Happier Campers: Renewing Alberta’s Cardinal River Campground

Jan 28, 2020

The Cardinal River is a scenic foothills river system flowing out of the Rocky Mountains. It’s nestled within the traditional territories of the Alexis Nakota Sioux and within the southwest portion of West Fraser’s Hinton Forest Management Area. It’s a popular spot and is perfect for camping. Within this area, the Alexis Nakota Sioux Nation owns a 5,000-hectare reserve that’s undeveloped and the Cardinal River flows through it. West Fraser and the Alexis Nakota Sioux Nation have been working together on the construction of new camping amenities on this reserve land since 2018.


When the Alexis Nakota Sioux Nation reserve was formalized in 1995, a provincial campground existed on the site. It was decommissioned shortly after, as it was no longer on provincial Crown land. After it was decommissioned, the campground was a shadow of its former self. Only the footprint of the original campground remained, and all the facility amenities were removed.

However, old camping habits die hard. People continued to camp at the old site, unaware that their recreational activity had the potential to damage the area of the Alexis Nakota Sioux land that they were enjoying. The Alexis Nakota Sioux Nation become increasingly concerned about managing garbage accumulation, firewood extraction, and the potential for sparking a fire in the 5,000-hectare zone. The Alexis leadership decided to approach the foresters at West Fraser’s Hinton division for help.

“We manage eight trails and 20 campgrounds on or adjacent to the Hinton and Edson FMA areas. The community approached us to ask if we would be interested in funding and designing a new campground on their Cardinal River land. That way, the campground would be maintained appropriately. It would reduce the random camping that was currently impacting their land,” said Aaron Jones, the Management Forester with Hinton Wood Products.


The Hinton division was fully supportive of the idea of developing a recreational area at the Cardinal River. It was a good fit for West Fraser’s approach to good forest and community stewardship. But it was also an opportunity to develop stronger relations with the Alexis Nakota Sioux, other local Indigenous communities and the recreationalists that explore the forests in the region.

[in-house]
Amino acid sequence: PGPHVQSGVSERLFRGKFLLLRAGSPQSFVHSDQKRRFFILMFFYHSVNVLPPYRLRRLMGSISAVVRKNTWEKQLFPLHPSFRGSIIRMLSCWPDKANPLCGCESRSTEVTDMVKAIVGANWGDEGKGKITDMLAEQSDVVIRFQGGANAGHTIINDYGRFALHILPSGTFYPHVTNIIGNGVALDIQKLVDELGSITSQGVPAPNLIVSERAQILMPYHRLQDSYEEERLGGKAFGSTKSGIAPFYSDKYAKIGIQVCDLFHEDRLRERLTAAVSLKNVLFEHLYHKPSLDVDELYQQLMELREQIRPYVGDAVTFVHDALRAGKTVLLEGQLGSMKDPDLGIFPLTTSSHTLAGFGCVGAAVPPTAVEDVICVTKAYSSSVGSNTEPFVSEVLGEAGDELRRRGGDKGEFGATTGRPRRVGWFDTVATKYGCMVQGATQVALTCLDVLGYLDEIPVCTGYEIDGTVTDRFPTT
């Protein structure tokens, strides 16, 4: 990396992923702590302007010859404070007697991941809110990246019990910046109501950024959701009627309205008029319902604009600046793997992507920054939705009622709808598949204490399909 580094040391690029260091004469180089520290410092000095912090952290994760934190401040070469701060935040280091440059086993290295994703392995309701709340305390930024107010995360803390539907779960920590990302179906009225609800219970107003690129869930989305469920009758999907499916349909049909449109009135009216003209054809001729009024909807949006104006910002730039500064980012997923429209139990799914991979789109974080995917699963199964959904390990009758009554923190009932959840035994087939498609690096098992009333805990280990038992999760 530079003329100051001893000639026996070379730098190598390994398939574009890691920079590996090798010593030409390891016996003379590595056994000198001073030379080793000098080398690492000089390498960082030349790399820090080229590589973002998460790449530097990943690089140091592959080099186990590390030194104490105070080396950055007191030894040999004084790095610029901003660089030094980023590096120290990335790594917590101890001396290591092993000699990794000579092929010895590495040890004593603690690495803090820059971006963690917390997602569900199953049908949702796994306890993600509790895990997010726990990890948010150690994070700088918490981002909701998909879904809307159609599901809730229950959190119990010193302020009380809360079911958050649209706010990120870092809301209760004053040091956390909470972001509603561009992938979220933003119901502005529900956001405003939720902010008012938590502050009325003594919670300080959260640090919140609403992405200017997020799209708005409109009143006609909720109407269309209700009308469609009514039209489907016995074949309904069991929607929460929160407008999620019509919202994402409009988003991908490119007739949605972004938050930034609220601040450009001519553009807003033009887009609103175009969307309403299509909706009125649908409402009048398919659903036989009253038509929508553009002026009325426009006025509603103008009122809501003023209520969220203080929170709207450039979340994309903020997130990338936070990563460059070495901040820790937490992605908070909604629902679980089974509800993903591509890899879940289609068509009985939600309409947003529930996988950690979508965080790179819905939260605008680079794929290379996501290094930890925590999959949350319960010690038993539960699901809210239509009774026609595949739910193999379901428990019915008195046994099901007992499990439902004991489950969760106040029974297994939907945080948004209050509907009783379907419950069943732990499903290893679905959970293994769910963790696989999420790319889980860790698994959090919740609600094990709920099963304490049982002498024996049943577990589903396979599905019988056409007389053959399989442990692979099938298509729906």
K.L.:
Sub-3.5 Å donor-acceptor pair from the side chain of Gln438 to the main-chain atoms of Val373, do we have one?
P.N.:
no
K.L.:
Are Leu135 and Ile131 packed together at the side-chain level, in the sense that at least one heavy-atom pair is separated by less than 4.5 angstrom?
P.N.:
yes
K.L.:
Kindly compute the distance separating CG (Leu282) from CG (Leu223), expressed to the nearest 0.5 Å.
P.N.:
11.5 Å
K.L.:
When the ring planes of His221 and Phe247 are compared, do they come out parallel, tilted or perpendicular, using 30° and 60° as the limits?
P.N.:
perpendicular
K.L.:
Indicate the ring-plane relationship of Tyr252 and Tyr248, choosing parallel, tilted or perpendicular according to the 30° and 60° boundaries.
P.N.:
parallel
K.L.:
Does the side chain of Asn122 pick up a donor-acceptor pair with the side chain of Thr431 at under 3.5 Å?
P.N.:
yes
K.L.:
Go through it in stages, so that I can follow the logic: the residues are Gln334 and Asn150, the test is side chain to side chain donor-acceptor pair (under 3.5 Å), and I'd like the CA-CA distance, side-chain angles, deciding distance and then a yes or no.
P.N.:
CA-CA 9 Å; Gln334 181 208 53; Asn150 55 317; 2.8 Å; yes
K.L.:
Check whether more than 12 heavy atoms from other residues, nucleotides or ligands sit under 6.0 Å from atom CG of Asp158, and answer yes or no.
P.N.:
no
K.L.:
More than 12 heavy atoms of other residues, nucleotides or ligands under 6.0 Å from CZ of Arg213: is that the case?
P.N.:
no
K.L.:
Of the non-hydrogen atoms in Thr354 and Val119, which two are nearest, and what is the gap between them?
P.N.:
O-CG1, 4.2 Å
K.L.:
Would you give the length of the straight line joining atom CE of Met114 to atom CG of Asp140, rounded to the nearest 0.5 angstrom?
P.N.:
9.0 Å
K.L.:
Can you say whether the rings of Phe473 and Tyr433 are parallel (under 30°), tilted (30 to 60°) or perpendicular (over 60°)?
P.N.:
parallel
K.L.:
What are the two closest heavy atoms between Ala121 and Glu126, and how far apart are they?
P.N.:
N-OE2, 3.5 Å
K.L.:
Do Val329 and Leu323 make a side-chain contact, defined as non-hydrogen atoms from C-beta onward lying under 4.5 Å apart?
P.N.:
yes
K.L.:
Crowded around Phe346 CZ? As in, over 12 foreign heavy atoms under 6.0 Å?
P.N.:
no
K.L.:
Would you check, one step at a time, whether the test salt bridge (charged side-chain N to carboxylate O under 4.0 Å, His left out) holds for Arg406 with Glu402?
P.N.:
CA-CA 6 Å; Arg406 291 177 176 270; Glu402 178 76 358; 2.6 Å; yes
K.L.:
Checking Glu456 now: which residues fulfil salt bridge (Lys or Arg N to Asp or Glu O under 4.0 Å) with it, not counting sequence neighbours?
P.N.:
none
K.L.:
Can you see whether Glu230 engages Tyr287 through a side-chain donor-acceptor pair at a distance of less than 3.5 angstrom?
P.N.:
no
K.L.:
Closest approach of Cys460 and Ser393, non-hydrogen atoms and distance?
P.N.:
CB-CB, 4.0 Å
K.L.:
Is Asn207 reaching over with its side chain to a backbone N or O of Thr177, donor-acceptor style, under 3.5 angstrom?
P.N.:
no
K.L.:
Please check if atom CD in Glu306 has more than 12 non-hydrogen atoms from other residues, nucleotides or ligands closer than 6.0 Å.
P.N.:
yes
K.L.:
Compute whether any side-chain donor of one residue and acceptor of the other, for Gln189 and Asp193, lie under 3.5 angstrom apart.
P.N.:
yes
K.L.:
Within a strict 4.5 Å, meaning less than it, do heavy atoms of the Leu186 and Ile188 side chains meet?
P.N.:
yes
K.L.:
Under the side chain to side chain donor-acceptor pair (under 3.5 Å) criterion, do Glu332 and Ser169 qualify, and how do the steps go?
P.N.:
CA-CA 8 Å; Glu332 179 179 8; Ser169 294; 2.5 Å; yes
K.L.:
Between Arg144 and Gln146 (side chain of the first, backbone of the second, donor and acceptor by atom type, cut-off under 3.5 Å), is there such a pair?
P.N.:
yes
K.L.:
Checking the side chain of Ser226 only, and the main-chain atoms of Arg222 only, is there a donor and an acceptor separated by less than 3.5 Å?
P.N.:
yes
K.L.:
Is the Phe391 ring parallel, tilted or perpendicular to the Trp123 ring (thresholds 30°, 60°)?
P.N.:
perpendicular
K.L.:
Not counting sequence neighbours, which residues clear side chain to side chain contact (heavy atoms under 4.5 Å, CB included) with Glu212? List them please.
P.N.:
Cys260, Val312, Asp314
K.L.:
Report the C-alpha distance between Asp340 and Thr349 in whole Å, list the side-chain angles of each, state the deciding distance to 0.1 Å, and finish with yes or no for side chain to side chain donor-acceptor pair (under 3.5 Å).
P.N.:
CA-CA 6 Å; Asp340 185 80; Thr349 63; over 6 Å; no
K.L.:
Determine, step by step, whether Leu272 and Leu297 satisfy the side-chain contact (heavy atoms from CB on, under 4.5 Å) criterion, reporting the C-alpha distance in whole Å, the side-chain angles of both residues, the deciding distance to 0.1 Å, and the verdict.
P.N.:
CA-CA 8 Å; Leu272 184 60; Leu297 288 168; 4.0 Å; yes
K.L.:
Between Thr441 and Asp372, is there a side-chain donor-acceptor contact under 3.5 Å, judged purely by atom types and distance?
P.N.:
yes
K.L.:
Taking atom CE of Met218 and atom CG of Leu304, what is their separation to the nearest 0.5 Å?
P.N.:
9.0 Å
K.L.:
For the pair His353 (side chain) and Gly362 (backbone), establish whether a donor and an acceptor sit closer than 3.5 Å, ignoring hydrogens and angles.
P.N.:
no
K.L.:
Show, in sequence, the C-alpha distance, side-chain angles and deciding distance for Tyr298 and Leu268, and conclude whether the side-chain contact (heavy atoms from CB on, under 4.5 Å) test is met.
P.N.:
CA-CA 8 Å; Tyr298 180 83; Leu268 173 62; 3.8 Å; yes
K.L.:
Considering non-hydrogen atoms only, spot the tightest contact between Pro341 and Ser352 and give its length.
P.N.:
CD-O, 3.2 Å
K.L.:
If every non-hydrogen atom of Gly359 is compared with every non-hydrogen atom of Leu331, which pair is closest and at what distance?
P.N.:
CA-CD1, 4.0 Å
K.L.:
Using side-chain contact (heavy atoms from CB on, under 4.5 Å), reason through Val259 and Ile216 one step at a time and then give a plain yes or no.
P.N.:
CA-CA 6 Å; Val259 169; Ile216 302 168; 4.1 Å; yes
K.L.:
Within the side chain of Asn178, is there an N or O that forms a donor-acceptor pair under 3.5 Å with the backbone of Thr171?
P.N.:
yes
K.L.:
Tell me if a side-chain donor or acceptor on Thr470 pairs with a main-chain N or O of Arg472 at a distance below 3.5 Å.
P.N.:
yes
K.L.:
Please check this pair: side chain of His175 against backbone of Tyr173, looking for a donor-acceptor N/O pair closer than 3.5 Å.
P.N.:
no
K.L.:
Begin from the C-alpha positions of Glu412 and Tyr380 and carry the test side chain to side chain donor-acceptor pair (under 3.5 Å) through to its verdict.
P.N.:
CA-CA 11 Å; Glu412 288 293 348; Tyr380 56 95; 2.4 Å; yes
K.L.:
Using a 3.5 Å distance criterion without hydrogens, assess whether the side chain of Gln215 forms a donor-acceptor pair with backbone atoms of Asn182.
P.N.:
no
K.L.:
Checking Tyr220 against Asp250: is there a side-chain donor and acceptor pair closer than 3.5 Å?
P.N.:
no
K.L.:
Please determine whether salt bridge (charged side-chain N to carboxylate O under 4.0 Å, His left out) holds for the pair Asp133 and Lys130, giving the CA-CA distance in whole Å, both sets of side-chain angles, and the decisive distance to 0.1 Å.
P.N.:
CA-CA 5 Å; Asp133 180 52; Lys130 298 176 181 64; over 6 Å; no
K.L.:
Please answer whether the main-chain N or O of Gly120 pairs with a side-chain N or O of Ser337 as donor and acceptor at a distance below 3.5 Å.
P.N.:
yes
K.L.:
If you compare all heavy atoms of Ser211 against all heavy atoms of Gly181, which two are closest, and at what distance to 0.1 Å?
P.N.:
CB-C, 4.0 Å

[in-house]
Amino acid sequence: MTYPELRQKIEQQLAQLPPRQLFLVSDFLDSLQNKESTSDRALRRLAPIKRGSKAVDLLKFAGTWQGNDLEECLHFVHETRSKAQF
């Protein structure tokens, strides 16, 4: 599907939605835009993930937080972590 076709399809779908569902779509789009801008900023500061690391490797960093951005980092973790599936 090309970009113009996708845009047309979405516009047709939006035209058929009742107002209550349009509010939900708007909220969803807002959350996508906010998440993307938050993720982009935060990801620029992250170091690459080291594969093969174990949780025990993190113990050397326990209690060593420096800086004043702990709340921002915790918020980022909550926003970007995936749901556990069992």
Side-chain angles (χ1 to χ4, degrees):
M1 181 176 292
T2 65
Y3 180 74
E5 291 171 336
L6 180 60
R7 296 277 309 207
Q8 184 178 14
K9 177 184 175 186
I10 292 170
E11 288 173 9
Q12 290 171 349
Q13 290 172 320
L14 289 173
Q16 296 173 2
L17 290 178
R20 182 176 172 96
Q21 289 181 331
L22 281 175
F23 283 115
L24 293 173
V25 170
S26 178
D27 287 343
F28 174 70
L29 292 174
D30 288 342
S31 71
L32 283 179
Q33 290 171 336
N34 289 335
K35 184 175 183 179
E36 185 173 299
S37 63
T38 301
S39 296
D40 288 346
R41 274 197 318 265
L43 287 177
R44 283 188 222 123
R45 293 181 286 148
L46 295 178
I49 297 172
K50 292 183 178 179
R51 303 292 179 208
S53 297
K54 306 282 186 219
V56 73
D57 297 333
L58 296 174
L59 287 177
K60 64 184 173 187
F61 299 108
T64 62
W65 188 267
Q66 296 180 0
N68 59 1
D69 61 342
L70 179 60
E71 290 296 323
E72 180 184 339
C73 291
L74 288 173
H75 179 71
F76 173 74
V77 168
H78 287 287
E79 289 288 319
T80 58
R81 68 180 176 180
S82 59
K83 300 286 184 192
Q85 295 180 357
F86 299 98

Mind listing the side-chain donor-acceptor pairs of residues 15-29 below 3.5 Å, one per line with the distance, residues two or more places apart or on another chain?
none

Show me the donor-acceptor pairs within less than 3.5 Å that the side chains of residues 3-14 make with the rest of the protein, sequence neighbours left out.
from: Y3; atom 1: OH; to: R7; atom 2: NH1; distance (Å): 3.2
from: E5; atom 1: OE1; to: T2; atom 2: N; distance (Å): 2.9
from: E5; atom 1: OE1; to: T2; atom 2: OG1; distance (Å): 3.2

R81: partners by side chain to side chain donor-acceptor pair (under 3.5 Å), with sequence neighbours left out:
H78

“Alexis is one of the bands that we consult with, so we’re also interested in ways to build relations. We do that in a lot of different ways, such as working on joint ventures, firewood programs, and a multitude of other things,” says Jones. “This was another positive way to partner on an important project.” 

West Fraser’s Alberta divisions have access to what’s called the Forest Resource Improvement Program (FRIP) fund, which is funded under the Forest Resouce Improvement Association of Alberta (FRIAA). This money is managed by FRIAA and is collected through the provincial stumpage fees for harvesting that companies pay in Alberta. The companies that pay into FRIAA, such as West Fraser, can apply to access funding to support specific projects that enhance the forest resource for the benefit of all Albertans. A recreational project like the Cardinal River campground is a perfect fit. Other FRIAA projects West Fraser is involved in include the Caribou Recovery Research project and the Mountain Pine Beetle Program. 


Building a new campground can be a surprisingly more complex and costly project than it may appear. Working in reserve lands requires special permission, and the two-year project needed $240-thousand in funding from FRIAA and $90-thousand from West Fraser and Repsol. Approvals, FRIAA funding, and campground plans were secured in 2018, and construction got underway in 2019.

The aim is to have the campground ready for the summer of 2020, with 20 sites for people to rent out in the Cardinal River area, as well as a large group camping area. The project is 80 percent complete, including the outhouses, plumbing, a cabin, and more. The finishing touches will be completed in the springtime. The final piece of the puzzle is finding an organization to look after the site and manage camping reservations. There are several potential groups from different Indigenous communities that are interested in taking up this ongoing business opportunity. 

As a caretaker of the forest, it’s West Fraser’s goal to balance the needs of all its users, including recreationalists. We have a dedicated network of trails and campsites in Alberta with the Foothills Recreation Management Association. If you are going to visit one of these sites, make sure you’re prepared to explore these managed forest lands.